Anorexia Intervention and Recovery

It is human nature to always have hope but when it comes to Anorexia Nervosa, it may seem that there is no hope, especially when your loved one is starving themselves to death right before your very eyes. There is a chance that anorexia recovery is possible, although all too often, there are times when the patient has gone beyond the point of any help at all and it is simply too late to do anything. If the patient has realized that they need help and are willing to acknowledge that fact, the rehabilitation process may begin.

Anorexia intervention is vitally important before the disorder reaches its irreversible final stages. Mid to late stage, but not terminal stage, anorexics have one essential hurdle to cross and that is themselves. After years of self-starvation and brutally excessive exercise, patients have buried themselves deeply in denial that they have the disorder or, if they admit that they do, that somehow they will not die because of it. What has happened to other anorexics will not happen to them.

This is the most frustrating and challenging time for treatment professionals and family members; no amount of incontrovertible medical proof will convince them that they are not starving themselves to death. Neither do they believe what the mirror shows them about their bodies. No amount of begging, chastising or even praying will make an anorexic believe what everyone else knows to be true.

Behind-the-Scenes Update with Cassandra - INTERVENTION CANADA

Breaking a dependency is difficult. The mental process as to how such a decision is reached by the sufferer of anorexia is still a mystery. No other person can make the patient see that anorexia is a problem, because in the patient’s mind, he or she does not have a problem. There comes a point when, for some unknown reason, the anorexic finally sees that he or she has to take control of their life back. Do not ask anorexics to put into words why they finally woke up, as they probably would not be able to explain it. It is enough for the patient to know that change has to happen.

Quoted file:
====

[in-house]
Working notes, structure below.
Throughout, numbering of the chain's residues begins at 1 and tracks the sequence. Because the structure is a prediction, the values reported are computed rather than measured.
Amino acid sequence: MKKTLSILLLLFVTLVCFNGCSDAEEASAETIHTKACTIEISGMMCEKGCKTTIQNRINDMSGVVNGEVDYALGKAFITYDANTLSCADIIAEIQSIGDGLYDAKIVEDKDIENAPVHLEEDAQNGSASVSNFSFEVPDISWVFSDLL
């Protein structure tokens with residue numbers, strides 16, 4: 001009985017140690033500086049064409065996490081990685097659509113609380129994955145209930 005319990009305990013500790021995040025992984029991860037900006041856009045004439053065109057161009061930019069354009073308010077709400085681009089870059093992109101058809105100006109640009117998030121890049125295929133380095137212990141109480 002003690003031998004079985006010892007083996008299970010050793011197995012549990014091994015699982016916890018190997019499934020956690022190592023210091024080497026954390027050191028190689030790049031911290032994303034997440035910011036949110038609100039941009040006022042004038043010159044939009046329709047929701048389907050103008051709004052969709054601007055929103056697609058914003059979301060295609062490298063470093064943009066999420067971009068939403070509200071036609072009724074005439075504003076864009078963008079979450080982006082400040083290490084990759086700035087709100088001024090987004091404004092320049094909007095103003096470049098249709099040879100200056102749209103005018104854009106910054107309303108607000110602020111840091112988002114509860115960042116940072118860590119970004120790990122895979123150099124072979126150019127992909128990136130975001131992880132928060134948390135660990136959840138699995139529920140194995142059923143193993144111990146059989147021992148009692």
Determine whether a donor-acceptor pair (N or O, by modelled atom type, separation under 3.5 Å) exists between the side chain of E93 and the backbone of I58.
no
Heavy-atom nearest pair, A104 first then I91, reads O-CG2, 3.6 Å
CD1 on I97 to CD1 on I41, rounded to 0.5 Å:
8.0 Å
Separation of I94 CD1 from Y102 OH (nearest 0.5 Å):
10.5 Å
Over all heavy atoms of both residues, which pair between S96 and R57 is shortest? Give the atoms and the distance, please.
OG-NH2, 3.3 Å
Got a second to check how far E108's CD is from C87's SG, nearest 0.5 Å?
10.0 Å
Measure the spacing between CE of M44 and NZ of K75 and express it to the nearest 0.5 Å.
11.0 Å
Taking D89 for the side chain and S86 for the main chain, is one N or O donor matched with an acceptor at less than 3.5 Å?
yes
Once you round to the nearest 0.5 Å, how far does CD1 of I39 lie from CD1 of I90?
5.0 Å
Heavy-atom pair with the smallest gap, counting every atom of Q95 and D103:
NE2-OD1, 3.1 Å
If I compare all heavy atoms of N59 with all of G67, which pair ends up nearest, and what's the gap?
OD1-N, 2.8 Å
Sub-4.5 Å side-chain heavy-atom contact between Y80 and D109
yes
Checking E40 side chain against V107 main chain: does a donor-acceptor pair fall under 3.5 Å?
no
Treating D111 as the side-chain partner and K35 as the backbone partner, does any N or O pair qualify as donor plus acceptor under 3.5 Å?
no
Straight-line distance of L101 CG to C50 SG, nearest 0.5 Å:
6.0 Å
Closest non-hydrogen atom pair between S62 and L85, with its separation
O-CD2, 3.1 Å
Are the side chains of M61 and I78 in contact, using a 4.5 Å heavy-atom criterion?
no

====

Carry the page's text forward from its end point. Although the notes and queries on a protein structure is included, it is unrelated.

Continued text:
When a physician or a mental health professional recognizes that the anorexic has at last overcome denial, they act very swiftly to save the patient’s life before he/she reconsiders! Intensive hospitalization in a specialized eating disorders unit is the only way to treat anorexia. Despite their protests that they can do it on my own, the fact is they cannot, and will quickly fall back into old starvation habits.

A ninety-day stay in the hospital allows the patient to slowly returned to nutritional eating that’s rigorously supervised by hospital staff who literally watch everything the patient eats and drinks. No excuse for not eating is tolerated! The patient is weighed daily, and if necessary, fed via IV tubes until they can tolerate solid food. Stretching and walking in the unit is encouraged, but vigorous exercise is not. Patients are watched carefully after meals in case they run into the bathroom to vomit.

These close restrictions are loosened after the patient has returned to voluntary nutritious eating and can be trusted in the next phase of their recovery which involves intensive, daily individual and group therapy – even family therapy. Through therapy, the patient attempts to understand why they developed anorexia and how they can maintain recovery. These are very delicate issues that involve self-esteem, body image, and peer pressure, even past childhood trauma of abuse and/or neglect. Co-existing conditions such as depression are treated with medication. Imagine: if these painful issues were discussed by the anorexic as an out-patient, he/she would have little or no 24/7 support system and would likely relapse back into self-starvation. In a secure hospital environment, patients have constant mental health care in case of a crisis.

Does Treatment Work

Eating disorder patients often live as chemically dependent patients in recovery do; one day at a time, ever-vigilant for relapse triggers, reminding themselves that recovery programs “work if you work them.” There is no magic in recovery and relapse prevention, only hard, constant work to keep you alive.